How to get started in Programming.

First of all, I’m a beginner and thus you should take this with a grain of salt.

There are some lists floating around the web encompassing freely available courses to acquire the same knowledge you would get as if you were to attend a CS degree. Unfortunately, after doing a quick search I couldn’t find that one blog post where someone completed the courses in about a year and structured it so that the material keeps building on the previous knowledge.

There is this one. It is overwhelming and does not provide that learning structure mentioned above.

That is undoubtedly the best option and it requires time and dedication. That knowledge is what will make you a software engineer.

A good and fast way to get started is by understanding how a computer (machine) works. A high level programming language like Python or Java or Ruby or Haskell or Clojure and so forth, abstract the need to write code directly in a machine readable way. Machines only understand one thing, and that is binary. As time progressed, programming languages evolved into assembly language and so on until, but not limited to high level programming languages.

When a self taught person starts out, one usually picks a high level language and misses out on how it actually works, making it difficult to actually grasp. In my personal case, programming was quite complex, it is overwhelming and the resources are vast. Sure, you can grab a language like python and write some code, but it was a long process to start making sense on how a program actually works. Let me be clear, the complexity wasn’t how to write a program, but understanding what is happening behind the scenes.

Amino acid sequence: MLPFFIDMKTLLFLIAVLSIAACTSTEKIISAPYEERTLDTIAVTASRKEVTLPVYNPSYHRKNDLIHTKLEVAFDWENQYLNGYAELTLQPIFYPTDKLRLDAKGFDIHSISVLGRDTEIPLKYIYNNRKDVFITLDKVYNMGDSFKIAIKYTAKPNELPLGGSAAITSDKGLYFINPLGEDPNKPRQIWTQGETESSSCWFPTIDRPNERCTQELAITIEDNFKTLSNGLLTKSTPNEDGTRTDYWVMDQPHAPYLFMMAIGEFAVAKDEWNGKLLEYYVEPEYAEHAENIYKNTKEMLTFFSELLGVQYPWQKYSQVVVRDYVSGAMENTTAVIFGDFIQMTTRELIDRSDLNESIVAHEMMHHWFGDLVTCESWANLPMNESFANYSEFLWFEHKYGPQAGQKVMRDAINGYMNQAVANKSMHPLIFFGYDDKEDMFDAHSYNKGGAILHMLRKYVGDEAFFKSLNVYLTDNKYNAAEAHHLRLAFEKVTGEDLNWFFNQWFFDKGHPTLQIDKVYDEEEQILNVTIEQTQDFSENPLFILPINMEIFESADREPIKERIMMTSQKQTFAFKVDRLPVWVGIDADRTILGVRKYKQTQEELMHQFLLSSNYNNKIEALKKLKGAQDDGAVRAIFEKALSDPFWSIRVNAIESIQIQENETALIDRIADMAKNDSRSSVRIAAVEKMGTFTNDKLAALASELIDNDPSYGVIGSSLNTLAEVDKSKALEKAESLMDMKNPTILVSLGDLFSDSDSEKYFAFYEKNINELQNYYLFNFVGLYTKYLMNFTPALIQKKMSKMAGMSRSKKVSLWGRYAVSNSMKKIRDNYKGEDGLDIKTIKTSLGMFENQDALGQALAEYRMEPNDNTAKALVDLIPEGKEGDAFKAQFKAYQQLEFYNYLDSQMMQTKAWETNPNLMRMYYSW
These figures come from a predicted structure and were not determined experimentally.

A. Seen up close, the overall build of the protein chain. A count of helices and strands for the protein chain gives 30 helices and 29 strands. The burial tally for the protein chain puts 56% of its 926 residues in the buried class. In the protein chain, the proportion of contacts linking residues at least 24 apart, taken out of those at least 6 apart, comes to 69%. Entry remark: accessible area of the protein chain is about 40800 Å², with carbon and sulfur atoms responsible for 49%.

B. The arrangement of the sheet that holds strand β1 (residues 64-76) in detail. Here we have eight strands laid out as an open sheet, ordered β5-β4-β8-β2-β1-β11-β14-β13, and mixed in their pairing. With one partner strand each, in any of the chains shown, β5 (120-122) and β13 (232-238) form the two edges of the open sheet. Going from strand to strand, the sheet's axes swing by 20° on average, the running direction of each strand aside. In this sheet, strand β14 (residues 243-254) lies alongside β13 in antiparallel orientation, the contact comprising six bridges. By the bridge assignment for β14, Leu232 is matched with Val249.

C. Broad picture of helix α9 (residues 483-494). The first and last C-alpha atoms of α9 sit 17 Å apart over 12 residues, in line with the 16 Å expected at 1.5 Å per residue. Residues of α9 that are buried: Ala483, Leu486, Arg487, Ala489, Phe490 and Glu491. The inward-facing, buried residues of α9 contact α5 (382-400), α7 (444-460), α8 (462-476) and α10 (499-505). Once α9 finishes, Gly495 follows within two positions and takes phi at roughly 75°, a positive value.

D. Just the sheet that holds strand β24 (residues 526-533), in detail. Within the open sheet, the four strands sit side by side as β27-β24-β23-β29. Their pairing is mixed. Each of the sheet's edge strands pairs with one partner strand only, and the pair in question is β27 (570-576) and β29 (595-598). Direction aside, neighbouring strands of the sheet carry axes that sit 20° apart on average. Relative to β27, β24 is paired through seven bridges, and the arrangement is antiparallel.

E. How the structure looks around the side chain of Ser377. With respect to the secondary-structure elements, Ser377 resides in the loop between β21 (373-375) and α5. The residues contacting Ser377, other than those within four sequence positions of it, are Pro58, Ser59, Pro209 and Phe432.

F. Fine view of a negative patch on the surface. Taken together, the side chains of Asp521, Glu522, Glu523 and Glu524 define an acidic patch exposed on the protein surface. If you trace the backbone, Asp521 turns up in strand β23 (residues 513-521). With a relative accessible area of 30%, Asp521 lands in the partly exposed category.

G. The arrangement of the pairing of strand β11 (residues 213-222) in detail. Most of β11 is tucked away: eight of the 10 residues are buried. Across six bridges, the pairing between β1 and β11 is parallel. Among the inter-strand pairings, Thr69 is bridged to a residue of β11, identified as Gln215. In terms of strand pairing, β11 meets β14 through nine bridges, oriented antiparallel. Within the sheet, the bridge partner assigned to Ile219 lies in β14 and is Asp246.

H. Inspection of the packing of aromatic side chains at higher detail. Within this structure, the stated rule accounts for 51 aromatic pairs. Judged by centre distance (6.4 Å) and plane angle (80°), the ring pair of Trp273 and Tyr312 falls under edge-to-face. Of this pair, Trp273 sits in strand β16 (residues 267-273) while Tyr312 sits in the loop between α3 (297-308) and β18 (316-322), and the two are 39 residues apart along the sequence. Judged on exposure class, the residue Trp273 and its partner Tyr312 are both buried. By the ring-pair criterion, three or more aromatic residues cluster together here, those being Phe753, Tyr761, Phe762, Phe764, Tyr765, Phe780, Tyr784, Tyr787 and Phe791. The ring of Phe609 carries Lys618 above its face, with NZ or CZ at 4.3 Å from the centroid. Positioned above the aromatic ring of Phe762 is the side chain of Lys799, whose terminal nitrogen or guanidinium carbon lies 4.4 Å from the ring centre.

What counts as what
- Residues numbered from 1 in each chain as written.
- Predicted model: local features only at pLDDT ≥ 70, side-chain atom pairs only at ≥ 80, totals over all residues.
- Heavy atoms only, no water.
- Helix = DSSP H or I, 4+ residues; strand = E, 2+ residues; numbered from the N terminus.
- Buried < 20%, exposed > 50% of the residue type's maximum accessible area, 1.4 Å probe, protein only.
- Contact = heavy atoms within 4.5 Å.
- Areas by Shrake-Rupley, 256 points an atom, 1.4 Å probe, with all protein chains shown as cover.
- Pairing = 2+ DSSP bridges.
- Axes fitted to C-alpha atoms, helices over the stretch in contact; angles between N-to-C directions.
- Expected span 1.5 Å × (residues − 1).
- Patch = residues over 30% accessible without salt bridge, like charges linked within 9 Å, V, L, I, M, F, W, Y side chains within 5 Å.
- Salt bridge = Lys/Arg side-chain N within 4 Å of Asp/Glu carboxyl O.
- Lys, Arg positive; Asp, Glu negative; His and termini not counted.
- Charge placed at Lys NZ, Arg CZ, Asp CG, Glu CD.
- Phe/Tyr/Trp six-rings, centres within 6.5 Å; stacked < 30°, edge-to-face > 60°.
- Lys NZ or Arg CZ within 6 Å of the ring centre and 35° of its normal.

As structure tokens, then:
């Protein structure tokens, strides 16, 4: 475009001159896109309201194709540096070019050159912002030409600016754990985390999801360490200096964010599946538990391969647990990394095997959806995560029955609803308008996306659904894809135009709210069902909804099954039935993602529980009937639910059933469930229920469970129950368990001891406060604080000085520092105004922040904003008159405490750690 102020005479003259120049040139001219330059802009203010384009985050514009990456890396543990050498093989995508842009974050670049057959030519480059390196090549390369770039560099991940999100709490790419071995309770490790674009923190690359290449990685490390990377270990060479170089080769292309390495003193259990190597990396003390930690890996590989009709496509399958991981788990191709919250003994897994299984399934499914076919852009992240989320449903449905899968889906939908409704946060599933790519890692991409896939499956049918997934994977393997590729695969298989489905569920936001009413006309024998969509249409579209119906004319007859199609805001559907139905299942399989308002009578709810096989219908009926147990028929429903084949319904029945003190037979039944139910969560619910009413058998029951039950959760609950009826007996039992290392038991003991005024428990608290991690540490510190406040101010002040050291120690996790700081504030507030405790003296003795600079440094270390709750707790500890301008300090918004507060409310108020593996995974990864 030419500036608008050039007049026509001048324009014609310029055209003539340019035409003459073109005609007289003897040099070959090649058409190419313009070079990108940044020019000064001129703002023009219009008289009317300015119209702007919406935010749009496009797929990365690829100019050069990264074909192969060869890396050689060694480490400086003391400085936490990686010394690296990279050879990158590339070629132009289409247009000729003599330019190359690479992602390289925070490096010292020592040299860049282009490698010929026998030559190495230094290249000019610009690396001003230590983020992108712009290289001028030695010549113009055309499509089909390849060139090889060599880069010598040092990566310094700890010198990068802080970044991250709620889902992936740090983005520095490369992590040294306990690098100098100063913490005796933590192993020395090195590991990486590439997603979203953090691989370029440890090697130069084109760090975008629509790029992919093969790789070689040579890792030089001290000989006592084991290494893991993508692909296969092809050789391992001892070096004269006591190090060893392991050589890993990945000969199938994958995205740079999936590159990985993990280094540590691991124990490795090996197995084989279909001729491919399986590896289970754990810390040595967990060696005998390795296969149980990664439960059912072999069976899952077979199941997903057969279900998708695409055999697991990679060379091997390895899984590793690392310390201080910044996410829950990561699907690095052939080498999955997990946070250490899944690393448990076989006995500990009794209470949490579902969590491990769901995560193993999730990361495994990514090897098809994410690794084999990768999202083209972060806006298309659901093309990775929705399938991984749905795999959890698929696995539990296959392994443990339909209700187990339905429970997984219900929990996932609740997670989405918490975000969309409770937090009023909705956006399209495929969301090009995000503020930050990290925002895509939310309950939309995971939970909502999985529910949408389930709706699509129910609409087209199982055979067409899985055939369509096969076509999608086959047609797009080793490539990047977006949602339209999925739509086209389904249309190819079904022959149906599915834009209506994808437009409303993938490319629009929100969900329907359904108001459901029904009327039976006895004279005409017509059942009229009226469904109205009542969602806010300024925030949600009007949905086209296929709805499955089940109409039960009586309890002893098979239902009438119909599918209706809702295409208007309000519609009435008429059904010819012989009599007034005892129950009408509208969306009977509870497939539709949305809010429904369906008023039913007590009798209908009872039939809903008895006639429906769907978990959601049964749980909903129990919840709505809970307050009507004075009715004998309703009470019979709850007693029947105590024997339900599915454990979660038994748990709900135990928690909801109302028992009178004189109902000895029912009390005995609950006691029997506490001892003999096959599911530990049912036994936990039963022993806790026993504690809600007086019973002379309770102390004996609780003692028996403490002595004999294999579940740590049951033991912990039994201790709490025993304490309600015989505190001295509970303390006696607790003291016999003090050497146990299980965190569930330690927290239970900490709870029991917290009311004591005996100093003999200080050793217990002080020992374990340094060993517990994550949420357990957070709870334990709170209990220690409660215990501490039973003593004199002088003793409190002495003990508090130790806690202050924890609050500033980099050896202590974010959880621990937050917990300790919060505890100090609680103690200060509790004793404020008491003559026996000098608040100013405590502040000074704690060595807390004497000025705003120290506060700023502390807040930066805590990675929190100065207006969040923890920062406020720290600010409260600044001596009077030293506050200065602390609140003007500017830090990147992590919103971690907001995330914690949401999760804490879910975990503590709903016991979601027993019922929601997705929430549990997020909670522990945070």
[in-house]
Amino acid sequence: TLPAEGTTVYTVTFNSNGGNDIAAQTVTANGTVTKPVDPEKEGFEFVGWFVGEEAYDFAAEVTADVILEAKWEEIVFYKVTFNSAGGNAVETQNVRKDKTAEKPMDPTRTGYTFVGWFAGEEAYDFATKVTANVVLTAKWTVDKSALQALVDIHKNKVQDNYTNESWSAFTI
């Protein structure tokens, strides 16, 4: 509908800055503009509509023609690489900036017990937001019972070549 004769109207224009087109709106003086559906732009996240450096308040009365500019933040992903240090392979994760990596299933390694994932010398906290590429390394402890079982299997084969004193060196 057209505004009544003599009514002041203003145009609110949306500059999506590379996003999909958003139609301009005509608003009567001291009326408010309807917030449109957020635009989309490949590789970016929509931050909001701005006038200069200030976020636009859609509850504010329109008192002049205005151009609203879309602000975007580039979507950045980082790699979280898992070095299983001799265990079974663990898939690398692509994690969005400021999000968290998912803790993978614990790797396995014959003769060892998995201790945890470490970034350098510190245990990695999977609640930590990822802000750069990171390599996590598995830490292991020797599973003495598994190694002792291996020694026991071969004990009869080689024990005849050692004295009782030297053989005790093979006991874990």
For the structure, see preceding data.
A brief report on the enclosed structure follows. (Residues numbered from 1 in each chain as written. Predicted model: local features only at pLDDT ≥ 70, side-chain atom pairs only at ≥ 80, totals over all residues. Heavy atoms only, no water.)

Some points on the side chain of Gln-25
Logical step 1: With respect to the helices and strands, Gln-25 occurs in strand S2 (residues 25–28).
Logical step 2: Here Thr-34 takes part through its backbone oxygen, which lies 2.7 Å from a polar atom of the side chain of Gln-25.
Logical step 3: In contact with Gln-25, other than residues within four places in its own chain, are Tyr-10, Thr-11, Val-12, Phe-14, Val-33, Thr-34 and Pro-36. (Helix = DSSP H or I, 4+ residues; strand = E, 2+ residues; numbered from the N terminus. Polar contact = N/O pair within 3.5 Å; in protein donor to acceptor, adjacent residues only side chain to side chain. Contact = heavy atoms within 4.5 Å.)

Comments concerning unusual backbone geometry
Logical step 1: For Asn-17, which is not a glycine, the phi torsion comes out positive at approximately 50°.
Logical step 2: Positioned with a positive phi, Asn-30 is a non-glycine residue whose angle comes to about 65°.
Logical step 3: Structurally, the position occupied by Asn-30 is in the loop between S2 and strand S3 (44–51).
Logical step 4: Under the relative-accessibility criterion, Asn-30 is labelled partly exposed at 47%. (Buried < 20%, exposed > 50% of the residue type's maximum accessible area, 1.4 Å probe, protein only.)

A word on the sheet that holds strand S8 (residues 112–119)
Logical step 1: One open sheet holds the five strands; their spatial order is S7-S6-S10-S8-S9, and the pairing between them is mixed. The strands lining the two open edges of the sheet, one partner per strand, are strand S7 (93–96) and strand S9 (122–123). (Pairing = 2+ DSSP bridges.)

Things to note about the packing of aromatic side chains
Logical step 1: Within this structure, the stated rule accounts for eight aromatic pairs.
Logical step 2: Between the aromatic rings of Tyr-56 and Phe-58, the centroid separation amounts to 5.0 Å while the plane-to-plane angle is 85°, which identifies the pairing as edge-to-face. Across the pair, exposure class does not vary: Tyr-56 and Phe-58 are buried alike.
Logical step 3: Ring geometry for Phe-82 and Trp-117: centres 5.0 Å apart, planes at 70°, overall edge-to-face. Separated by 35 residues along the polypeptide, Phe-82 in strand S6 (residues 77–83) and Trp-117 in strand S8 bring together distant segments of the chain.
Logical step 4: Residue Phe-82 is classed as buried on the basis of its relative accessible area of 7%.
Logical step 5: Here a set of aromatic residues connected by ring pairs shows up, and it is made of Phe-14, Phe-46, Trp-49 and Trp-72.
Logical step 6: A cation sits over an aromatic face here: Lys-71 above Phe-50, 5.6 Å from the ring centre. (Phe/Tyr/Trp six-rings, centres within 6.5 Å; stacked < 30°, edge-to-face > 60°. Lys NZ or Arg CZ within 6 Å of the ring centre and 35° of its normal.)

# Program to extract url's Page being the webpage to extract from.
# From udacity's intro to programming course.

page =('<div id="top_bin"><div id="top_content" class="width960">'
'<div class="udacity float-left"><a href="">')

def get_page(url):
        import urllib
        return urllib.urlopen(url).read()
        return ''

def get_next_target(s):
    """ Extracts the first and the second url """
    """ finding the quotes for this use case """

    start_link = s.find('<a href=')

    if start_link == -1:
        return None, 0
        start_quote = s.find('"', start_link)
        end_quote = s.find('"', start_quote + 1)
        url = s[start_quote + 1 :end_quote]
        return url, end_quote

def print_all_links(page):
    while True:
        page_url, end_pos = get_next_target(page)
        if page_url:               
            print page_url
            page = page[end_pos: ] 


Sure, you could probably read the code and have an idea what it does, but that is Python. How it works and how to get there is a different story.

Once you have a better understanding of what is happening behind the scenes, how a computer or machine manipulates data, it will make coding a lot easier.